Among a dozen or so of the complex indole alkaloids derived from tryptamine and found in Tabernanthe iboga (Apocynacea), ibogaine is the most important hallucinogen and the main psychedelic compound of all species indigenous to the African continent. Extraction of the alkaloids from the root bark results in pure Ibogaine hydrochloride. Ibogaine, of which the chemical name is 12-methoxyibogamine, is a choline-esterase inhibitor, a stimulant which affects the central nervous system. The molecule exhibits the two-ring indole nucleus structure common to most hallucinogens.
In small doses, much like coca leaves in South America, iboga is eaten by the Bwiti to stay awake and alert during long hunts and canoe trips, which can last two days or more. It is also reported to have aphrodisiacal properties. (The olive-sized yellowish-orange fruits of T. iboga, while not psychoactive, are sometimes used "for barrenness in women".)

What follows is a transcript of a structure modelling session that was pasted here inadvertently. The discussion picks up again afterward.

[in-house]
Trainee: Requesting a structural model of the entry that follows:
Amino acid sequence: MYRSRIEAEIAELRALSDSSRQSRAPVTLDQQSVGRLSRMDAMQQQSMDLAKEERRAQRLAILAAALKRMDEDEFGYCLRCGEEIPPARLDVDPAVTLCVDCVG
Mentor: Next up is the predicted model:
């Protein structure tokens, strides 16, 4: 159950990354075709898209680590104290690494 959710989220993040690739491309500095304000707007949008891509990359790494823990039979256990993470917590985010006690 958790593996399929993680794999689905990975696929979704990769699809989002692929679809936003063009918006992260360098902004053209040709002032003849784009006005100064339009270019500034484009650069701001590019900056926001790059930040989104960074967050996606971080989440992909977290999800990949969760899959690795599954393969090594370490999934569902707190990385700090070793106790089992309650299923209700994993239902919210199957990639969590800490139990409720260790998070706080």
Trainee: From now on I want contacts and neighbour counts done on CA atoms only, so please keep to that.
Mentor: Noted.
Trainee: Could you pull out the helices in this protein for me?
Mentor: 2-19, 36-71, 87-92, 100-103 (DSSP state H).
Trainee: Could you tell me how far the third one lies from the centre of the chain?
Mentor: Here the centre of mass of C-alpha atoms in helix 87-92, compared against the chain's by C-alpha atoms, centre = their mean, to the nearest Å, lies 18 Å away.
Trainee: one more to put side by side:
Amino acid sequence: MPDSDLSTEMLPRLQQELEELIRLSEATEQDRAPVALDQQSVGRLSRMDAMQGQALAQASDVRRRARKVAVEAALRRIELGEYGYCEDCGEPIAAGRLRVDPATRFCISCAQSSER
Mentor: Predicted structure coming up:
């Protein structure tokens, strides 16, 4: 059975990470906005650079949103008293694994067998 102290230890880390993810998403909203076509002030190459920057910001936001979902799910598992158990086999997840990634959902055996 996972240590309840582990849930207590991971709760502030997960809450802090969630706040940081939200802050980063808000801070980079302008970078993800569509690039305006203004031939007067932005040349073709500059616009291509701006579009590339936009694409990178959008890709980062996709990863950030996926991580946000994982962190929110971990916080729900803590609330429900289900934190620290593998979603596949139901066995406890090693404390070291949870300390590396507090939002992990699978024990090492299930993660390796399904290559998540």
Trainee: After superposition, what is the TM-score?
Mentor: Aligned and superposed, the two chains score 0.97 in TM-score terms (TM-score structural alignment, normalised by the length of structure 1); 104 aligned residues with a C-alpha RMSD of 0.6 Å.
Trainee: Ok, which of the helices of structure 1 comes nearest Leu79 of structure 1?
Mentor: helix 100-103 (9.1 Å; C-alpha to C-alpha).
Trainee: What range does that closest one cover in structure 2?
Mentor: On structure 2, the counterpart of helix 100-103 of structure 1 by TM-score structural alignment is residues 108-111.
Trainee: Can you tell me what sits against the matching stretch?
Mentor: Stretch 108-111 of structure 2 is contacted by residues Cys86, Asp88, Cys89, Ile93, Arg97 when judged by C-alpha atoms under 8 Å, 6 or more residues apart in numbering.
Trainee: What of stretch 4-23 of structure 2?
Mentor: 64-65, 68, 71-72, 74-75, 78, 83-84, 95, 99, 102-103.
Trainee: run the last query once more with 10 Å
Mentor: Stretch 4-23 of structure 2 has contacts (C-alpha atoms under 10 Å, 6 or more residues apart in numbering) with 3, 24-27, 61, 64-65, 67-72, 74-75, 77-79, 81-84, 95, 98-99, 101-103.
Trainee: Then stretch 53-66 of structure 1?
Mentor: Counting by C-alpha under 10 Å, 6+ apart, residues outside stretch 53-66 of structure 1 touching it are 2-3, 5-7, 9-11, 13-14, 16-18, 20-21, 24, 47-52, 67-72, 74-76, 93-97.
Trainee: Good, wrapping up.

In larger amounts, ibogaine acts as a hallucinogen. It causes nausea and vomiting, much like peyote. At this level, it puts the user in an intense, deep trance state in which physical movement is all but impossible. The trance is intensely visual and usually manifests as a long journey.
When in this state, ibogaine's actions break down into three component parts. The first is a four to six hour period emulating dreaming in which either visual presentations or thoughts dealing with past events are experienced. The second is a cognitive or intellectual period in which those experiences are evaluated and the third is a period of residual stimulation eventually resulting in sleep. It is after the patient awakes that the effects are principally noticed in a lack of a desire in the majority of patients to seek or use the drugs they were abusing. However, it should be noted that the responses to the drug are very individual just as the patient has individual characteristics.